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 The Theatreguide.London Review

The Secret Agent
Young Vic Theatre Autumn 2013

This production by Theatre O is full perhaps overfull of theatrical imagination, but somewhat less rich in focus and control. Every scene is in a different theatrical style, and after a while you will stop paying attention to the plot and just wait to see what they're going to do next. 

Almost every sequence there are a few dull ones is inventive, funny, lovely or some combination of these, but no two sequences seem to be in the same show. The overall impression is of an extended audition piece more interested in demonstrating the company's versatility than in either serving the text or creating and sustaining a coherent work of theatre. 

The novel by Joseph Conrad (whose name appears nowhere in the programme) has been adapted by Matthew Hurt and the company to keep the basic plot intact Verloc, a nonentity, is a member of a toothless anarchist cell but also spying on them for a foreign embassy, who order him to push them to setting off a bomb, the better to rouse public reaction against them. The bomb goes off at the wrong moment, with tragic effect.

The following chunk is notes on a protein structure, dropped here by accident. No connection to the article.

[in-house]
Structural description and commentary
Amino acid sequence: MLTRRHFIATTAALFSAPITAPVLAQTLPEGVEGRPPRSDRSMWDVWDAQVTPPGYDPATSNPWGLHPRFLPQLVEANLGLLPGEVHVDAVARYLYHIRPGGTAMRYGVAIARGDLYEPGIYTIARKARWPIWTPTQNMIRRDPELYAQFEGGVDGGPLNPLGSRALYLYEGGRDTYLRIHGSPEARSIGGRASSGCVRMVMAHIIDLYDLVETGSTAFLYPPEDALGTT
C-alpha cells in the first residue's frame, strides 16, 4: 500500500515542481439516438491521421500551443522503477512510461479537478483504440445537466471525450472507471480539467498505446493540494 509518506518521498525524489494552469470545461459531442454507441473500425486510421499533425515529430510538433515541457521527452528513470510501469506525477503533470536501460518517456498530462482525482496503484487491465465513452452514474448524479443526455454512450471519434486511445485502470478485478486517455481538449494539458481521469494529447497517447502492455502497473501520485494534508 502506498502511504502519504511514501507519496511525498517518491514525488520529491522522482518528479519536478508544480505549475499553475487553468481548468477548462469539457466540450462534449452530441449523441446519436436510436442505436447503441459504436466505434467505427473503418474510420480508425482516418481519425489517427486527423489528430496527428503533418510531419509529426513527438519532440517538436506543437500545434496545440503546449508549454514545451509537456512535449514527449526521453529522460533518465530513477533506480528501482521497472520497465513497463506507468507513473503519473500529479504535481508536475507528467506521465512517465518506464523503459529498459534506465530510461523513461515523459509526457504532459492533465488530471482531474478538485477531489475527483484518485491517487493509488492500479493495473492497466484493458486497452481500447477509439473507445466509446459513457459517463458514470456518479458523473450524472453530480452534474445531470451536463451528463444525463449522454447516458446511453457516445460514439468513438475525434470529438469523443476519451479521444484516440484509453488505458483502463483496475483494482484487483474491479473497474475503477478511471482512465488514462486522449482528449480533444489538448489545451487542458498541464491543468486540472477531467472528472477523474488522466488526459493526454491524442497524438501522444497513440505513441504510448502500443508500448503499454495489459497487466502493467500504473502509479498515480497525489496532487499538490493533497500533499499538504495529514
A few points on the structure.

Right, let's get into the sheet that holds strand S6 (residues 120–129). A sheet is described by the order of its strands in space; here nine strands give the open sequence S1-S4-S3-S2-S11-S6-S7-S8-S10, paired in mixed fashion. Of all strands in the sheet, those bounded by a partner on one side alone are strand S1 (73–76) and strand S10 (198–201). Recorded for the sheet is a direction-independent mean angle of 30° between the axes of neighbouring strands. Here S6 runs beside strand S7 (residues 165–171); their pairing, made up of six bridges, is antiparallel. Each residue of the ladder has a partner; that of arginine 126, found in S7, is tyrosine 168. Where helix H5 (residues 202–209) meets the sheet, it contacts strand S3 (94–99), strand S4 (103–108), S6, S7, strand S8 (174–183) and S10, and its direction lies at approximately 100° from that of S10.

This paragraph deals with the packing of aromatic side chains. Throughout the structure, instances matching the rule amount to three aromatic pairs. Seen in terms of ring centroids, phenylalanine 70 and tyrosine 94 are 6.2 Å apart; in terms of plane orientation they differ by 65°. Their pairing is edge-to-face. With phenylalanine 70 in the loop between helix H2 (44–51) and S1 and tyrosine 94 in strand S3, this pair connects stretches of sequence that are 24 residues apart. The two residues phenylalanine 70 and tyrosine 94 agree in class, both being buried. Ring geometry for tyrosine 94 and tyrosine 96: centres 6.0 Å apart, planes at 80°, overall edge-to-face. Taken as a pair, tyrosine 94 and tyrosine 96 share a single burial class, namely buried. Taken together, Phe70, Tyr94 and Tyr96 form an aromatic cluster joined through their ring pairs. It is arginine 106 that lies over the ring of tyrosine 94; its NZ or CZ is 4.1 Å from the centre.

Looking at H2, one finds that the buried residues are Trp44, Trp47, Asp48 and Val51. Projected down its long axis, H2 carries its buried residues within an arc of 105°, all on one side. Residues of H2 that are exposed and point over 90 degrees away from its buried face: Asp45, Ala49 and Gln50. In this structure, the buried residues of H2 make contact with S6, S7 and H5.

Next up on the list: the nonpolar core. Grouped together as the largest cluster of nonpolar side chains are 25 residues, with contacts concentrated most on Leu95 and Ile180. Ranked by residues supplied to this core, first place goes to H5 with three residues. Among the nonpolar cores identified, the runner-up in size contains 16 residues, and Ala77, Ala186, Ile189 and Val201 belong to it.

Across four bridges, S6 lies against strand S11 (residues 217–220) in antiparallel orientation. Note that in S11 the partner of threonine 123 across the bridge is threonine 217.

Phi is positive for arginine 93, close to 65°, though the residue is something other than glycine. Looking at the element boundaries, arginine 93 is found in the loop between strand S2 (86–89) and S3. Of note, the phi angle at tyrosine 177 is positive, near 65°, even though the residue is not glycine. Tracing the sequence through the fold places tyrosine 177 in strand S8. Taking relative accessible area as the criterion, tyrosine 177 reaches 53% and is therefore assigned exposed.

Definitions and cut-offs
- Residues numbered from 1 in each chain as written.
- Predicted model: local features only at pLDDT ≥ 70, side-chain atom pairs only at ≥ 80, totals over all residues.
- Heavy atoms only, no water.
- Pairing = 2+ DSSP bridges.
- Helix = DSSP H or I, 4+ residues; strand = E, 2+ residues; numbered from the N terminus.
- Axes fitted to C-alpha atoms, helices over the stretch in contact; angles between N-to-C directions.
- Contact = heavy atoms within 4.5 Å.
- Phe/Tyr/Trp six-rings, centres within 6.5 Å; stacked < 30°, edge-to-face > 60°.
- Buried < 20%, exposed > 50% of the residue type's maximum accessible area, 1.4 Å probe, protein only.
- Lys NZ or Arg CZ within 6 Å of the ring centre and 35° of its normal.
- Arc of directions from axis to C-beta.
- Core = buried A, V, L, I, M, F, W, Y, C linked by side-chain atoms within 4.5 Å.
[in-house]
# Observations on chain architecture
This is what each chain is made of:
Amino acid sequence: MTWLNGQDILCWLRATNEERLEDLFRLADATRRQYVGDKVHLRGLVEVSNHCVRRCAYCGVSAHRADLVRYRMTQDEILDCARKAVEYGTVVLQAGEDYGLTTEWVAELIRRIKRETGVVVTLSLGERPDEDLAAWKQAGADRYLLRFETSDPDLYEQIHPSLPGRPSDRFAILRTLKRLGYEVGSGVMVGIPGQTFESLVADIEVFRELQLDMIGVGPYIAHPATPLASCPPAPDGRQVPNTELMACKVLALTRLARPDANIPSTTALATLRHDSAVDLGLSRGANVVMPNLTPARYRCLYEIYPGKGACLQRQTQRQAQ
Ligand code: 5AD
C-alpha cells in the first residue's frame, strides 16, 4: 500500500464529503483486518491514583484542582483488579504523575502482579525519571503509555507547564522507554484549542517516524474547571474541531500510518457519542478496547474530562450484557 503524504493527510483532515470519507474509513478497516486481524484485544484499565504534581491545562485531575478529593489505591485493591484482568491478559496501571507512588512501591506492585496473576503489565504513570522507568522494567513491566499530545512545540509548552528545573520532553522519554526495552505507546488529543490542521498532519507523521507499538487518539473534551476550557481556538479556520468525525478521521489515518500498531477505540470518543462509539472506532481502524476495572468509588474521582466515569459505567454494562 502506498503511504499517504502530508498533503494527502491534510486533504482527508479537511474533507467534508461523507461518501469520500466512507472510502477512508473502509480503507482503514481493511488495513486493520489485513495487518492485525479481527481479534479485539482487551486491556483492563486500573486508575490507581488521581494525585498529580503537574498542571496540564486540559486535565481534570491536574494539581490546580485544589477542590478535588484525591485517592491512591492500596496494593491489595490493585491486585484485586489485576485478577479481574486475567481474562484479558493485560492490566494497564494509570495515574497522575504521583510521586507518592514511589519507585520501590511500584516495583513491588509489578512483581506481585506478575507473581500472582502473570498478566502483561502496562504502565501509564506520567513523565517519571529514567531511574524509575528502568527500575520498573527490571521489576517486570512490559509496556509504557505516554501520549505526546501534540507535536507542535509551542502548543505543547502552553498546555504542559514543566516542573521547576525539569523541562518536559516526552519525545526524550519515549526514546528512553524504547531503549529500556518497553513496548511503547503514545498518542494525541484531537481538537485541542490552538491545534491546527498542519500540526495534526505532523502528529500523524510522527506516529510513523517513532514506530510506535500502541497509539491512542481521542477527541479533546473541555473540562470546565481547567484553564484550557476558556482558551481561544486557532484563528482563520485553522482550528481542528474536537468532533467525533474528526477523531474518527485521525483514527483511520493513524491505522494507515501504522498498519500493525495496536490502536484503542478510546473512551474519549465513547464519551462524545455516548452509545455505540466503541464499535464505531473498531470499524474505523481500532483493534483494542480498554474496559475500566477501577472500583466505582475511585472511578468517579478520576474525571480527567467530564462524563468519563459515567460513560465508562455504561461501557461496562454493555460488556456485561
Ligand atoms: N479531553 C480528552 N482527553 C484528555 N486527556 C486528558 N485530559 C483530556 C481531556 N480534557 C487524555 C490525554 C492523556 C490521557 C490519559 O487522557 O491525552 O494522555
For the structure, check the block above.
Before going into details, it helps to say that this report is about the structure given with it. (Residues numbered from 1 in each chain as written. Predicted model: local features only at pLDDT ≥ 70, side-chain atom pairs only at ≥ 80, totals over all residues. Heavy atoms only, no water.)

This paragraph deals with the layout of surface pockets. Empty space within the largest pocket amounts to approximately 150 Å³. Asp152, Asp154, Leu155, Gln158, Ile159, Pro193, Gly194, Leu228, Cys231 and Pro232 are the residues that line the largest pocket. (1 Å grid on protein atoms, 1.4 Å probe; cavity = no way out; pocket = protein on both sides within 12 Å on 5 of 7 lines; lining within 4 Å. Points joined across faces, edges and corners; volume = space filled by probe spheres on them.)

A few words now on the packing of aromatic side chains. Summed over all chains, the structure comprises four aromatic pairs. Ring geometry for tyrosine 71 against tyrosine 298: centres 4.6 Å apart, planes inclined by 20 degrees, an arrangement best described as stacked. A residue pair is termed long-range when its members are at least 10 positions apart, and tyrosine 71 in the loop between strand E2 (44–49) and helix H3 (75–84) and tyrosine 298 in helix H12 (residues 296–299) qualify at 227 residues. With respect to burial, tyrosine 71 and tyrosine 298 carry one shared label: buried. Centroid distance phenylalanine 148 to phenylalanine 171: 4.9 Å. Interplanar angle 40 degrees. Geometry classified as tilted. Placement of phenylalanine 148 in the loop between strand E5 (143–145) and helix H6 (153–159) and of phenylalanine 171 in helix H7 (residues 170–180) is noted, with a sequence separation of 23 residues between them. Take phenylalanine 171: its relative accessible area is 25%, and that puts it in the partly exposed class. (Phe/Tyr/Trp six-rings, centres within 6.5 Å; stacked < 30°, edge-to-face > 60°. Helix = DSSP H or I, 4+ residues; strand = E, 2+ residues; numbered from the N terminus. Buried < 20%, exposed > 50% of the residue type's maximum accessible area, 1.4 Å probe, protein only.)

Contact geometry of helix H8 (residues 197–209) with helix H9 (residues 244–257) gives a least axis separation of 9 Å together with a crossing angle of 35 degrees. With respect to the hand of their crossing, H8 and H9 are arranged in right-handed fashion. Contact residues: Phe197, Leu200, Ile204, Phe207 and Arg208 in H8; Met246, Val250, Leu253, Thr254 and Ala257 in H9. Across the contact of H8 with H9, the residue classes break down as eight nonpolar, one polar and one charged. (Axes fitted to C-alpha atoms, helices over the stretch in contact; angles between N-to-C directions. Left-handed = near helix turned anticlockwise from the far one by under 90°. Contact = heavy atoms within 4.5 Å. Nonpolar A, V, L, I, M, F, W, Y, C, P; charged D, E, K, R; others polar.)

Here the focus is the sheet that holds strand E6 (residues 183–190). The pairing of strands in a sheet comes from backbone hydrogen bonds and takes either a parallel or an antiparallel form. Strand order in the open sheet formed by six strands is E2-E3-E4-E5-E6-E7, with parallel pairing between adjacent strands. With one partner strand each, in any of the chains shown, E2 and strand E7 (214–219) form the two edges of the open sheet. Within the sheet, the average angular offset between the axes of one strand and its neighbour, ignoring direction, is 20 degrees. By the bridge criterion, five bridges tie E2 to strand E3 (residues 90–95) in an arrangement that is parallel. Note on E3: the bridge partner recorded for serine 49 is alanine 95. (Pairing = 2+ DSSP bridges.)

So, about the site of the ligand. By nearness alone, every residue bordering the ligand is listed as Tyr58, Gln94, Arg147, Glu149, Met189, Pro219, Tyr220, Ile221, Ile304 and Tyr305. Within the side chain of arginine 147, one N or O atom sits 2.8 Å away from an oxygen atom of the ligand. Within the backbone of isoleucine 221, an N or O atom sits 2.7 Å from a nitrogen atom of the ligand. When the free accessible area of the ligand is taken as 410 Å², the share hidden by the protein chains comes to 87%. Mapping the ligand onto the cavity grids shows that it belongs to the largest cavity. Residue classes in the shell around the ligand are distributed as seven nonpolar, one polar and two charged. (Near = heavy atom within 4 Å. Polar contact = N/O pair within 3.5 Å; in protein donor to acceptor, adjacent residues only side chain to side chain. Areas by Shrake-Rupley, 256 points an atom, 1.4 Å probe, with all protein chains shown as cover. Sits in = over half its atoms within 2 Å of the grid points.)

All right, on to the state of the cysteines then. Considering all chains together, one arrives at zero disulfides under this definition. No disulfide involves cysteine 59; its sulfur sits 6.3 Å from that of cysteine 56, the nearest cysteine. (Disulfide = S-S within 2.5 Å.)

The opening scene, of Verloc at home, is tightly choreographed light comedy, complete with the clockwork moving of props and an interfering mother-in-law. Verloc's meeting with his foreign control is broad farce, with the control as mad as a hatter and flaming camp to boot. 

The mentally-challenged younger brother of Mrs. Verloc gets a long, serious, intelligent speech of socio-economic analysis, the bomb-maker is a stock Mysterious Foreign Man and Mrs. Verloc's discovery of her husband's crime and its price is a quite lovely short ballet. 

In between, set changes are effected by the cast in admirable close-order choreography, while a couple of scenes are punctuated by banjo-accompanied singing of 'Blue Moon' and 'I Don't Want To Set The World On Fire'. 

That virtually none of this has anything to do with The Secret Agent is a minor complaint. That virtually none if it has anything to do with any of the rest of it is more troublesome. 

Theatre O are clearly very imaginative and very skilled at creating entertaining moments. But an evening of theatre, particularly one that sets out to interpret a text, really should be more than a string of disconnected moments.

Gerald Berkowitz

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Review -   The Secret Agent - Young Vic 2013

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